Congratulations to Big Brother, winner of Tianjin Open

For more pictures, etc., see the Beijing Ultimate blog.

Beijing Big Brother sent split squads to Tianjin Open over the weekend, with both teams winning every pool-play game and facing one another in the Saturday crossover. Big Brother Ugly went up a break on Sexy in an upwind-downwind game, only to see Sexy come back to take half 6-5. Ugly, however, scored upwind to tie, then downwind — after a Micah layout D — to win 7-6.

On Sunday in the semis, Sexy defeated Tianjin Speed (which had lost to Ugly 11-4) while Sexy defeated Beijing Bang 13-1. The finals, however, were postponed due to a wind storm, with an exhibition game to 5 after the wind subsided slightly.

Beijing Big Brother also won the party, themed “Rainbow.” Matt Mueller was the MVP, with Kevin Reitz coming a close second.


The Beijing Ultimate 2010 Year-in-Review Slideshow

For those on the wrong side of China’s Great Firewall, you can find all the videos on Youku:

Otherwise, fire up the VPN and watch the videos here:

For more, see the Beijing Ultimate blog.

Congratulations to Tianjin Speed Yellow, winners of China Open!

It’s possible China Nationals 2010 will be remembered as a tournament of firsts: the first time observers were used in China Ultimate (and maybe all of Asia Ultimate, excluding Japan), the first time a World Cup-style draw was used to determine pools on the day before games, and importantly, the first time team from Tianjin — Speed Yellow — two-time bridesmaids but never the bride, won. They did so in convincing fashion.

Drawn into the toughest pool — with No. 3 overall seed Graduates, Air Woo and CUG Prospectors — Speed won their first two pool games 11-2 and 10-6. Then in an epic game for Saturday standards vs. Graduates, Speed prevailed 11-8 to secure the No. 3 seed going into Sunday.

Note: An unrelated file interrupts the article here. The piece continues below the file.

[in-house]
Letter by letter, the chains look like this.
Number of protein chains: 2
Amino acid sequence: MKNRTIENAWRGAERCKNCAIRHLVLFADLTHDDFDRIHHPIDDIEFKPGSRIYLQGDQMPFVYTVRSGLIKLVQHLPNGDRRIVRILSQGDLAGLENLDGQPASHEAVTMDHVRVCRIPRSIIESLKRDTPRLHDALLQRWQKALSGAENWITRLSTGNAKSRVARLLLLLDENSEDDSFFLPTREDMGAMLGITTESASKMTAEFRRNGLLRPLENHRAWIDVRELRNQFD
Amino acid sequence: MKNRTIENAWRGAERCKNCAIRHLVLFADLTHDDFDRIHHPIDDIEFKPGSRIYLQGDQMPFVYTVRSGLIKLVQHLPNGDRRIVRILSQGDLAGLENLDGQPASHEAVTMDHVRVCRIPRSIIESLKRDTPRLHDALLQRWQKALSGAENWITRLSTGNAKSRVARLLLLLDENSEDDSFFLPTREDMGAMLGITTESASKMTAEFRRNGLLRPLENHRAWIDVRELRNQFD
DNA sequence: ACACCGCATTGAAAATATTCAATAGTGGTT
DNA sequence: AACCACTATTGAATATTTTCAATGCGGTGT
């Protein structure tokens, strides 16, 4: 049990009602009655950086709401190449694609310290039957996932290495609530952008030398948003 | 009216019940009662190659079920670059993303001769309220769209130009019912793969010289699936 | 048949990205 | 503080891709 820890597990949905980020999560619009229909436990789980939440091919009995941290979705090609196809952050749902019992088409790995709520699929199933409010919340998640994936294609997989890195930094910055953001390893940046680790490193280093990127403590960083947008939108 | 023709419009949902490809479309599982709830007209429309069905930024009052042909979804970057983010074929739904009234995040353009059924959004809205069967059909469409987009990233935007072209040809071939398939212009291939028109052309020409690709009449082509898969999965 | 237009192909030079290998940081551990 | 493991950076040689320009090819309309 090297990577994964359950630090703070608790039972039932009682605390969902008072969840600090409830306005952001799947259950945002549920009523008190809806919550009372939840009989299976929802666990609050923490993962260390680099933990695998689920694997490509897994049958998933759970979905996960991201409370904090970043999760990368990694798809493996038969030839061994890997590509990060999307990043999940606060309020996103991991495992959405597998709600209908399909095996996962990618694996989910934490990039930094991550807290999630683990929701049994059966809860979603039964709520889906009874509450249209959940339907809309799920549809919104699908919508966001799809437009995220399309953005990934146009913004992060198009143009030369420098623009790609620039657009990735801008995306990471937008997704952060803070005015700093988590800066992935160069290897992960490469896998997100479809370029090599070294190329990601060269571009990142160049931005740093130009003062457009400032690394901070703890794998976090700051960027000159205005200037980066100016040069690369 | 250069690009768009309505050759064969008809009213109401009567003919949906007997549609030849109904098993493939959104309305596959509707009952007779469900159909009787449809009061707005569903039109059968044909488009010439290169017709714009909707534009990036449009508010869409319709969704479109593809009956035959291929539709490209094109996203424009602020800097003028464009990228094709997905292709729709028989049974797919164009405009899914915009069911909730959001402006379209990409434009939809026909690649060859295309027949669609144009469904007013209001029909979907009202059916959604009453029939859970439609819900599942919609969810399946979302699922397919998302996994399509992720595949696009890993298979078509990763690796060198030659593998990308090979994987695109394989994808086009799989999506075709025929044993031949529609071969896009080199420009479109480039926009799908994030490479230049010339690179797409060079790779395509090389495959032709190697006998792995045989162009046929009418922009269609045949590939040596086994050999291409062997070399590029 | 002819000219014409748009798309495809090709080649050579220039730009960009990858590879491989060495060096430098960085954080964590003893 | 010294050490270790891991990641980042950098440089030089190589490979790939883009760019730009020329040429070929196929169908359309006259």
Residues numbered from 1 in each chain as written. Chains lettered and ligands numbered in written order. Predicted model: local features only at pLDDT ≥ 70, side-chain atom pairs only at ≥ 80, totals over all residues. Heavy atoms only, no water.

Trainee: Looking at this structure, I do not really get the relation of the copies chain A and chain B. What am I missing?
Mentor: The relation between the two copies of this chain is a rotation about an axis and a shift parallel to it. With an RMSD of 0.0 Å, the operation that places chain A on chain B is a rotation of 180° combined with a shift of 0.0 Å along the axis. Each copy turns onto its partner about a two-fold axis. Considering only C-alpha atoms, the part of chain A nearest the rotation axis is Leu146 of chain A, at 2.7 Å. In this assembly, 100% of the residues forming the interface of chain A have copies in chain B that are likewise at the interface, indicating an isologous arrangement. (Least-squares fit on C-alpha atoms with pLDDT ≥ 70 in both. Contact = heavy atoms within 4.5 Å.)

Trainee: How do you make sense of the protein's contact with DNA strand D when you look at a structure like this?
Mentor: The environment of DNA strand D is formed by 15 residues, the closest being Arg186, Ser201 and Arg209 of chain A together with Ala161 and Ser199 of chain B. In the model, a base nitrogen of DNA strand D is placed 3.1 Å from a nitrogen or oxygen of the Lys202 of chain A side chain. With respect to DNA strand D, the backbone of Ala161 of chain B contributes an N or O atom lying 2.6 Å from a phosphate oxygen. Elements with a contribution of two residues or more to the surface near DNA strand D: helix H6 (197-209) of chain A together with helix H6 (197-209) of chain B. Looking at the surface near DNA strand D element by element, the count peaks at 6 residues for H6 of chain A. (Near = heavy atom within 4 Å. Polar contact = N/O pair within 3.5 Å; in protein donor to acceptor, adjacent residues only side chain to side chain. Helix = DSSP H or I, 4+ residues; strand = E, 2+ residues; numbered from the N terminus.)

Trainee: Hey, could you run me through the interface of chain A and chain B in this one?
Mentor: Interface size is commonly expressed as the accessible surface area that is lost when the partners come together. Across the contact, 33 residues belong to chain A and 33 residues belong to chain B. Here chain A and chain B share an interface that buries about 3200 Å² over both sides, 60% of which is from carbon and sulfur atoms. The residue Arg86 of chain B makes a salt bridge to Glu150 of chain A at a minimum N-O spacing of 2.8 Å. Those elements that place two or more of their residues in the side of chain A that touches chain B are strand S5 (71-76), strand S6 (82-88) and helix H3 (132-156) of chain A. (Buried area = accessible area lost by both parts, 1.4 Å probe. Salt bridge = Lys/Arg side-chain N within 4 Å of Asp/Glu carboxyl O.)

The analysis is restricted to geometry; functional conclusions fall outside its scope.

Speed ran through Ningbo, then obliterated 2009 runner-up Beijing Bang 13-4 in the semifinals. They would go up 10-2 vs. Hong Kong in the finals before Junk went on a 5-1 run to make it 11-7. Tianjin used a timeout to regroup, then traded scores with Hong Kong and would score another — the final point — on a simple 15-yard pass. In a game that had its share of highlights, this was quite the conventional ending — final score: 13-8.

Afterwards Edward Wang, one of the original Tianjin Speed players who was present when the team lost in the finals against Air Kazak in both 2007 and 2008, nearly got emotional celebrating the victory. He was hoisted into the air by teammates, as were others, including the only foreigner on the team, Jeff. There was no doubt who was the best team at the end of the day, and the scary part for the rest of the country: they’re only getting better. Watch out.

Congratulations should also go out to Michael Hsu’s Hong Kong Junk, which defended its 2009 championship valiantly and refused to roll over in the finals. No doubt they’ll be back next year.

On Sunday: